Agreed. This isn’t really a local phenomenon. Maybe it’s more of a 21st C one? The Midwest has always been a MYOB kind of region, but maybe our digital connections are exacerbating that? As we connect more with networks and “friends” online, maybe we take less not of our physical neighbors? Historically there have always been Bad Things Happening in Plain Sight. Is it more common now? Not sure.
It’s difficult to find the right balance in a free society between privacy, and surveillance and vigilance.
Wow. This is tough … really tough.
I was preparing to comment when I saw Otherwise comment, “Interesting argument.” Argument? What argument?
“But Cleveland seems to keep repeating the same mistakes where its missing poor women are concerned.” Justice for the poor is significantly inferior to the justice for the rich. Add some classification of minority and it falls off the table. But that is not unique to Cleveland. I lived in Cleveland; I live in Austin; it’s not that different on that particular dimension (aside: don’t get me wrong, Austin is a far, far better place to live — although Cleveland is far better than when I left).
“Back in March there was a movement in the US and elsewhere to draw attention to violence against women around the world. It seems we have a great deal of work to do, still, at home.” If fixing things at home was a prerequisite to sending money abroad we wouldn’t send a dime out of the country.
“In a world whose mantra seems to be, ‘there’s no such thing as privacy,” we’re pretty good at minding our own business in the Midwest. ” Russ handled that.
But what I focused on initially was, “How did this go on for so long? How many times have we asked ourselves that lately? Boston, Newtown, others. Situations that weren’t right but no one could put their finger on what was wrong.”
This comes up over and over and over again. The problem is that when one of these catastrophes happens people track back from the event and find all kinds of idiosyncrasies that should have told someone, somewhere that this was going to happen. Otherwise captures it with “I think it’s just plain hard to know when something is weird, but OK, and when it’s weird but not OK.” Tracking back from the event, it is almost always possible to say someone should have known. But start from the other end, how many people would have fit the “weird” profile of Ariel Castro: remember, people saw him and interacted with him every day, he was out going, he “helped” search for one of the missing girls. Going forward from prior to the abductions I can’t imagine a way to identify him — from the early accounts, he wasn’t even weird from outward appearances. And the Tsarnaev brothers: I understand all the info that, going backwards from the bombings, leads people to think someone should have known. But when I think of it … put them in categories, how many people would have been in the same risk category — hundreds? thousands? How do you follow all of them? Nothing I have seen so far identifies them as true outliers. Weird … maybe … but even that is not totally clear. Outliers on a dangerous scale … I have not seen it.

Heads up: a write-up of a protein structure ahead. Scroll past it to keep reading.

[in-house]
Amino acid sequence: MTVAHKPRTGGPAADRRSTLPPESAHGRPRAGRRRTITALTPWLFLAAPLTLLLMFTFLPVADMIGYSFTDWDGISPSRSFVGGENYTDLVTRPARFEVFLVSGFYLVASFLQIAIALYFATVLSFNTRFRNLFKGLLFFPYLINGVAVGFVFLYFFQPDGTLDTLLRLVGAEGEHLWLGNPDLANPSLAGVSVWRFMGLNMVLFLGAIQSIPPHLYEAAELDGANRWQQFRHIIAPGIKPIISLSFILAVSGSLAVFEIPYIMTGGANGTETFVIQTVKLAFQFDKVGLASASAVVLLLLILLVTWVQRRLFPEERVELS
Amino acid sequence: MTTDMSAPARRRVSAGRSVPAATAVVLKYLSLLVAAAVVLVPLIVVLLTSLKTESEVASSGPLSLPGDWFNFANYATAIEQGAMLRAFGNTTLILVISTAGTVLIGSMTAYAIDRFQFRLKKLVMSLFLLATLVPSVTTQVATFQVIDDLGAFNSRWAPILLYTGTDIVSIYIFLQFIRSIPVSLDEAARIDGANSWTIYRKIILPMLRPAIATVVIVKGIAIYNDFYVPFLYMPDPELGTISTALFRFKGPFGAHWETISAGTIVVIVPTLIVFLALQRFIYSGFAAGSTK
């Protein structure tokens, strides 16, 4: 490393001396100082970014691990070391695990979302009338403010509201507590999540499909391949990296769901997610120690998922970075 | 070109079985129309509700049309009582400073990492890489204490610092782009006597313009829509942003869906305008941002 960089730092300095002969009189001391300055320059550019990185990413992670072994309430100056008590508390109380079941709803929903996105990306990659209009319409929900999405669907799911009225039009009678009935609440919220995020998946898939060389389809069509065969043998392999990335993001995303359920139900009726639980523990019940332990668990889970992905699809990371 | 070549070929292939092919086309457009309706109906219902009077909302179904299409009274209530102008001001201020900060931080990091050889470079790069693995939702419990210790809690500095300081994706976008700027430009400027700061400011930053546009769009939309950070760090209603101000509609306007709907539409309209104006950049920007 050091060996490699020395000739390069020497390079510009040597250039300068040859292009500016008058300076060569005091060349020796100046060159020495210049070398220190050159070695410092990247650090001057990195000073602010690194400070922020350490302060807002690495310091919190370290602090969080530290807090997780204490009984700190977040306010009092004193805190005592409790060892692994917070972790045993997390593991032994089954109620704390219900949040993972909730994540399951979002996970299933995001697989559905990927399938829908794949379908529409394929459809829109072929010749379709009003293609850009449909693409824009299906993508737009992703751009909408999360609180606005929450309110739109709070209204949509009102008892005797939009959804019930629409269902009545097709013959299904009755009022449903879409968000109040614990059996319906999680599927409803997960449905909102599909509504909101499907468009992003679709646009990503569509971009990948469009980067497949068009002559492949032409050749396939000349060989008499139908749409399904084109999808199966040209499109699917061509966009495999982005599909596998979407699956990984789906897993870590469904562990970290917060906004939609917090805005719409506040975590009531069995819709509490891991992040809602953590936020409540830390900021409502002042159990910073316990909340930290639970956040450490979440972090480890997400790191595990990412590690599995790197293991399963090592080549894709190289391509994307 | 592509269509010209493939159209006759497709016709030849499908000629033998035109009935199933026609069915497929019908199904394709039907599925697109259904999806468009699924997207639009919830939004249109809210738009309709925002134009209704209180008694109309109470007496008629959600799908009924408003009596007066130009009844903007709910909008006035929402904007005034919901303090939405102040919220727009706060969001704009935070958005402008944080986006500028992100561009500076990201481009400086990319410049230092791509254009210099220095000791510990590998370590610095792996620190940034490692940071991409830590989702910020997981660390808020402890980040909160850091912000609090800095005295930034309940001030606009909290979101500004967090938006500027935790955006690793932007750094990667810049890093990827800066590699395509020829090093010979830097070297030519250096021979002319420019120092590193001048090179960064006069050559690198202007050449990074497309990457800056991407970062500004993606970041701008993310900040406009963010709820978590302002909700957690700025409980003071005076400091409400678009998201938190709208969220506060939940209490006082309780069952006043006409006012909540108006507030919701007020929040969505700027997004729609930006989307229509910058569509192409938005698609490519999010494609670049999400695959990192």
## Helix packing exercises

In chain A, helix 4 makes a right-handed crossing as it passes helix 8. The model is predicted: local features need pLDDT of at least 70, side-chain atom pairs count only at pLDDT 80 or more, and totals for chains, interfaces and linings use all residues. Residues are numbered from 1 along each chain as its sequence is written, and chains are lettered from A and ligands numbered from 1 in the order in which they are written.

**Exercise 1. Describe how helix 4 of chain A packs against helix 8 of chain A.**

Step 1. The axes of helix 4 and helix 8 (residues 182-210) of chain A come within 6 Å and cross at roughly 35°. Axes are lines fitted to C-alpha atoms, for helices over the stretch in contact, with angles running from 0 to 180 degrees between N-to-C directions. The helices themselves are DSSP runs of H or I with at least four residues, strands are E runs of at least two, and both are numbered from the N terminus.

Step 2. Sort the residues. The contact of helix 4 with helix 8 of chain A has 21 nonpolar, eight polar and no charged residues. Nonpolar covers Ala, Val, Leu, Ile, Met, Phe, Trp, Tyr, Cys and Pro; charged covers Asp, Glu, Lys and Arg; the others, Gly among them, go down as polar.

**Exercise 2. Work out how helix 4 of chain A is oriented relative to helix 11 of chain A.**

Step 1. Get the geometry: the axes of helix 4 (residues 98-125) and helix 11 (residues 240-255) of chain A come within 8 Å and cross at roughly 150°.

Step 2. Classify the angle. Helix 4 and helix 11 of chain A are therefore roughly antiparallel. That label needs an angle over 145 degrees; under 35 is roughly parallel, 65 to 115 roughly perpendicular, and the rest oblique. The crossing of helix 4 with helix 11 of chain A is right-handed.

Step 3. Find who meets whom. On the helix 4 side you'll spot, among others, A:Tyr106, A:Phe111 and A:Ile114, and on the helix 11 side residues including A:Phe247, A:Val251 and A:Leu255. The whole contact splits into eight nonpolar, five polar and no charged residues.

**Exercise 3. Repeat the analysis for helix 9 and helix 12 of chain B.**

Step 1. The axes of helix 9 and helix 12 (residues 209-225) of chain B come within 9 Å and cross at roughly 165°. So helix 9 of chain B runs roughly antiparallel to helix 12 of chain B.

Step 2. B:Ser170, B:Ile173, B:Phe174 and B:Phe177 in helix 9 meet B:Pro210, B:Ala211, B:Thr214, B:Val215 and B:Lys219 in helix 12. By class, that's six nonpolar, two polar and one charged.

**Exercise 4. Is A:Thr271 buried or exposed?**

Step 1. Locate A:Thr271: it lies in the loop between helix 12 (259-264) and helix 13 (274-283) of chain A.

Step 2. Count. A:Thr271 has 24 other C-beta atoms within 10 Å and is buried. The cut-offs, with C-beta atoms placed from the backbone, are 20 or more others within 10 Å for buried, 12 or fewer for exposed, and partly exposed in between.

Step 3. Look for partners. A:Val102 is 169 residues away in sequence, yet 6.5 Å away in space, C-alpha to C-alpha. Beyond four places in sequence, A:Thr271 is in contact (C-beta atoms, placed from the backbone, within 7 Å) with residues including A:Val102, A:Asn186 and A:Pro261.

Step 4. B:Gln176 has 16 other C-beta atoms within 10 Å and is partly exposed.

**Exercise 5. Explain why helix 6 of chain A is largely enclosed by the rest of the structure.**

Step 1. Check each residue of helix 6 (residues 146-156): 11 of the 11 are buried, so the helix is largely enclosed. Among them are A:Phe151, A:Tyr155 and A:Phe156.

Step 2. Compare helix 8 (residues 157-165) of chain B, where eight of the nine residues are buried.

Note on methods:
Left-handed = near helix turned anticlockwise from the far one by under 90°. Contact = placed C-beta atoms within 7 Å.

For the past 20 years quality management and risk management have been my life. Absolutely they should pour over every detail of what happened to learn what may have been done better but it is harder than it looks. By making “improvements” it is just as easy to make things worse than it is to make things better, maybe easier. Analyze the systems and look for real improvements but, in the mean time, celebrate that this outcome was far better than most.
Yup. Richard Jewell. Odd doesnt mean guilty. They backward logicked the guy right into that, and he was innocent as a lamb.
Every single time we slap ourselves beside the head and say we should have known. Sandusky in the shower. Dahlmer’s escapee. I think it’s human nature to try to say “we should have known,” because it’s easier to believe we made a one-time mistake than to believe that monsters can live right beside us and there’s no way to tell them from the rest of us..